Board of 9: three married couples and three others not related to the couples or anyone else on the board. This is still offside even if none of the three couples have any relation to another of the couples or anyone else on the board (i.e. there are 6 people, in total, who have a non-arm’s length relation to someone else on the board).

      Thanks for the great work you are doing for Christ!

  5. Ugochi

    Hi, I am president af a church board . Can the church apply for work permit for me. I currently work with another church and want to change jobs.

    1. John PelloweJohn Pellowe Post author

      You will have to check with the legal and regulatory system of whichever country you live in. It would certainly be seen as a conflict of interest if you stayed on the board (whether president or not) while also working for the church. But whether it is legal or not is another matter.

        1. John PelloweJohn Pellowe Post author

          In Ontario, the Public Guardian and Trustee has made it clear that a charitable director can only be paid as an employee when expressly permitted by a court order. In practice, CCCC recommends that churches consult with their denominational office on this matter. If your church is a CCCC member, you can call in and speak with someone here if you want.

          Here is a detailed Q&A from the Ontario Public Guardian & Trustee:

  6. BShanti

    Hello! Thank you for this article! A question from our organization. We are a spiritual organization without a denominational office. We have a spiritual director who is also a founder of the NPO that operates the spiritual centre. We would like to start paying our Spiritual Director and Founder for her teaching work within the centre. Can this be done? Or will she have to step down from the board? It doesn’t seem right to have her off the board as her direction is fundamental but if we start to pay her, will this be a conflict of interest. Thanks in advance!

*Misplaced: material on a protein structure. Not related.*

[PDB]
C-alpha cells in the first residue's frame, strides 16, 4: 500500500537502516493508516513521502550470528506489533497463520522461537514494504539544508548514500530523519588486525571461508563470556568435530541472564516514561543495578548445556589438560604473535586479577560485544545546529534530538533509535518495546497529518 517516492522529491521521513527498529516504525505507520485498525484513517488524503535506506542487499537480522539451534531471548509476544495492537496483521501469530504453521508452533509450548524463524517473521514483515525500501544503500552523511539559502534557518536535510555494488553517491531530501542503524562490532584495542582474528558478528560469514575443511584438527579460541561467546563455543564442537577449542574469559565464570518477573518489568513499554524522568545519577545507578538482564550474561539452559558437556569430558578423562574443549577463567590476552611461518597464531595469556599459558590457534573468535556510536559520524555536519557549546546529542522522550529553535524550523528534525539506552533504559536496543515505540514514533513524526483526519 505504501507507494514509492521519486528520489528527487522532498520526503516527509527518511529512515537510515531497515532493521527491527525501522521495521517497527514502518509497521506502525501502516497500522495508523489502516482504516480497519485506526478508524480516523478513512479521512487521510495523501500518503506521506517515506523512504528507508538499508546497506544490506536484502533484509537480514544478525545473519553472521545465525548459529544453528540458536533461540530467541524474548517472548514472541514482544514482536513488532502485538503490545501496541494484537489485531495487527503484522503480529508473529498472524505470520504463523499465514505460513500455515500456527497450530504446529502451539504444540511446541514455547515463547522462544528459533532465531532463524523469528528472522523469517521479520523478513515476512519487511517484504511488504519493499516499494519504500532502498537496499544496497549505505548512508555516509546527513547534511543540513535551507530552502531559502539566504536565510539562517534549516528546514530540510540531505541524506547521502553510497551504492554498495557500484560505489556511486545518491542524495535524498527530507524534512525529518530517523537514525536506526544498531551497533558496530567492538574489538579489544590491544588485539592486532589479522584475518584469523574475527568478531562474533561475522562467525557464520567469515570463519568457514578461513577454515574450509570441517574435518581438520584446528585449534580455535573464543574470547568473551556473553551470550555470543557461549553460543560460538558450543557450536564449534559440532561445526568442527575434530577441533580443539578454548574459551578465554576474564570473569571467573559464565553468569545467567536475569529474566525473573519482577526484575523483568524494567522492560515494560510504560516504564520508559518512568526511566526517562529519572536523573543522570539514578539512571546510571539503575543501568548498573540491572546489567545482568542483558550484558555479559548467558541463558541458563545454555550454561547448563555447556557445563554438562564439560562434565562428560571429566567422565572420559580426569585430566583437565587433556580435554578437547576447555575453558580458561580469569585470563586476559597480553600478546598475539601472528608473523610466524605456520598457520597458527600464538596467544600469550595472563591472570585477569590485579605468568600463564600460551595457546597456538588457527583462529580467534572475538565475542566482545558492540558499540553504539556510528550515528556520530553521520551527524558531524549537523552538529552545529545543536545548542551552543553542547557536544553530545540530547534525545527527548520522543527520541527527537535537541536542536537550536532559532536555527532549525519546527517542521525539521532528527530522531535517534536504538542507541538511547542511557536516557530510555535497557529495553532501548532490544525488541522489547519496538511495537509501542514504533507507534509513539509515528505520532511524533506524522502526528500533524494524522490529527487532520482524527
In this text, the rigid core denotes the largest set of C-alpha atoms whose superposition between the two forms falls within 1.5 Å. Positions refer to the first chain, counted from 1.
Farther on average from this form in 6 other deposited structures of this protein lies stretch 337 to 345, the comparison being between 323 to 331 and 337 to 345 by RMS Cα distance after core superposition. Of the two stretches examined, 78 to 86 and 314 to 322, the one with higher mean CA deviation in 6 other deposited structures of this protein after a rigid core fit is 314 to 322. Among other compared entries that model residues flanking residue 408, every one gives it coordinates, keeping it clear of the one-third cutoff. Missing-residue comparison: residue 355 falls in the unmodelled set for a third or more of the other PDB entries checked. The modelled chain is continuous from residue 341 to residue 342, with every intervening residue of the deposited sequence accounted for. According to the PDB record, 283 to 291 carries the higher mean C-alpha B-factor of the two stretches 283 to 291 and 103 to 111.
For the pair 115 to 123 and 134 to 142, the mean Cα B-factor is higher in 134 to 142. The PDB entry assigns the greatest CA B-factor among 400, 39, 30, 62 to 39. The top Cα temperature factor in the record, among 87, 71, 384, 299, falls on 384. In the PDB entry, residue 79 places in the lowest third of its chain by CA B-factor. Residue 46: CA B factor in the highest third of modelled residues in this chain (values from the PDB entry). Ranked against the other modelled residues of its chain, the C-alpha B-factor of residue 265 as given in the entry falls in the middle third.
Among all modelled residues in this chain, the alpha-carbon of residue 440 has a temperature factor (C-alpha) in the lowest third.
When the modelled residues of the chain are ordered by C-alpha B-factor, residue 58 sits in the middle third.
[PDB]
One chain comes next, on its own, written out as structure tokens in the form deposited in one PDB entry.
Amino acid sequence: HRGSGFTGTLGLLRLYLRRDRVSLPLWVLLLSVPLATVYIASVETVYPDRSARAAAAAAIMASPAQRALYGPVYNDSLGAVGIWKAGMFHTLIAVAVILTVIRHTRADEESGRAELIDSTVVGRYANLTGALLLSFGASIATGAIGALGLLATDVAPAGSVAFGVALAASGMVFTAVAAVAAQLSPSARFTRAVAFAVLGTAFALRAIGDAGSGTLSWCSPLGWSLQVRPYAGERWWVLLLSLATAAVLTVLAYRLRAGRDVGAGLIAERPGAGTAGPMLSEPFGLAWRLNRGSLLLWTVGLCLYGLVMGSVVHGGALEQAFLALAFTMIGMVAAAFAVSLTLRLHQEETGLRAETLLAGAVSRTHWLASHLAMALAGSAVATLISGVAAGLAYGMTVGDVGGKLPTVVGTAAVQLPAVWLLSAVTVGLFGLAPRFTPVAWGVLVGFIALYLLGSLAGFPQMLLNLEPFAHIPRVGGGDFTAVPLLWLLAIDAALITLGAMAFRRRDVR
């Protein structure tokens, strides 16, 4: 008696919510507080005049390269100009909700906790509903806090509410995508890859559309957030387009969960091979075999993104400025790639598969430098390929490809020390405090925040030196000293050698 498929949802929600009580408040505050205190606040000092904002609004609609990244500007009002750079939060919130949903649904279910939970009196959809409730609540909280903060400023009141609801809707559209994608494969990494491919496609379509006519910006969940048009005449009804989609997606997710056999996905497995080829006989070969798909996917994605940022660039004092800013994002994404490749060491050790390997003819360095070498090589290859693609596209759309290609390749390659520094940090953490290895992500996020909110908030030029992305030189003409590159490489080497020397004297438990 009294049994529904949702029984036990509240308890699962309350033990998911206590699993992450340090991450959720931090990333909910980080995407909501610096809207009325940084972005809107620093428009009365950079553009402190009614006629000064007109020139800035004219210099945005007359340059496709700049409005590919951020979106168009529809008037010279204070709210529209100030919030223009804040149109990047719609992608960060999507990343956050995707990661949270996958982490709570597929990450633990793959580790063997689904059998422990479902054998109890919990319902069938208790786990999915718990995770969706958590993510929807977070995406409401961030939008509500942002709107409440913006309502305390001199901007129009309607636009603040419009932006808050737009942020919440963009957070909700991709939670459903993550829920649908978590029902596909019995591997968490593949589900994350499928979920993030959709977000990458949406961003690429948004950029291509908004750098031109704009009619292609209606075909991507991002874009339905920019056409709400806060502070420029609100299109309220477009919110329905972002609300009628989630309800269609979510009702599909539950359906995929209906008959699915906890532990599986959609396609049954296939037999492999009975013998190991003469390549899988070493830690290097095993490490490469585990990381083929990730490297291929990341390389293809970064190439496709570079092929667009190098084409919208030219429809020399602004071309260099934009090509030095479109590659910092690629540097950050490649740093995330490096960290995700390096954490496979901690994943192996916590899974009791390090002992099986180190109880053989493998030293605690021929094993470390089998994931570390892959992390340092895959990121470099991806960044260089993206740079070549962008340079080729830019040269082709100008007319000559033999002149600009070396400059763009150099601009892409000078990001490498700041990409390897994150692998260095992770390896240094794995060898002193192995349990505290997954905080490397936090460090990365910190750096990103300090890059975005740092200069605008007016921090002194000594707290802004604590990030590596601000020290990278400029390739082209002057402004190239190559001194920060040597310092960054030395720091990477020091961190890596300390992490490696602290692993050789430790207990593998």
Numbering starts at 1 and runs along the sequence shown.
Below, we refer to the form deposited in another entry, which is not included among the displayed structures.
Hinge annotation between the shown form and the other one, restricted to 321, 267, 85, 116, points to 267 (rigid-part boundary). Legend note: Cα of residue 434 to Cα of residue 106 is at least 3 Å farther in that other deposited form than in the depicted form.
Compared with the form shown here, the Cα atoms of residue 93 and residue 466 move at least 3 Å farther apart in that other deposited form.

1. John PelloweJohn Pellowe Post author

      Hi BShanti,

      I’m not sure which legal jurisdiction you are located in, but the best answer is to have her step off the board and give the Spiritual Director (the position – don’t name the individual in the position) the right to attend all board and board committee meetings (except for her performance reviews) and to speak at all meetings as an active participant. (This should go in your by-law or constitution.) She just wouldn’t be a director and would not have a vote. Then you can pay her for her work.

      This is my situation at CCCC. I am a paid staff member, and yet because I have the right to attend and speak at board meetings, I can cast vision and have influence on board decisions. I certainly don’t dictate what the board should decide, but leaders shouldn’t have to rely on positional power to shape direction. They should be able to draw people into the future through their ability to lead by influence, their vision, and their ability to make compelling proposals.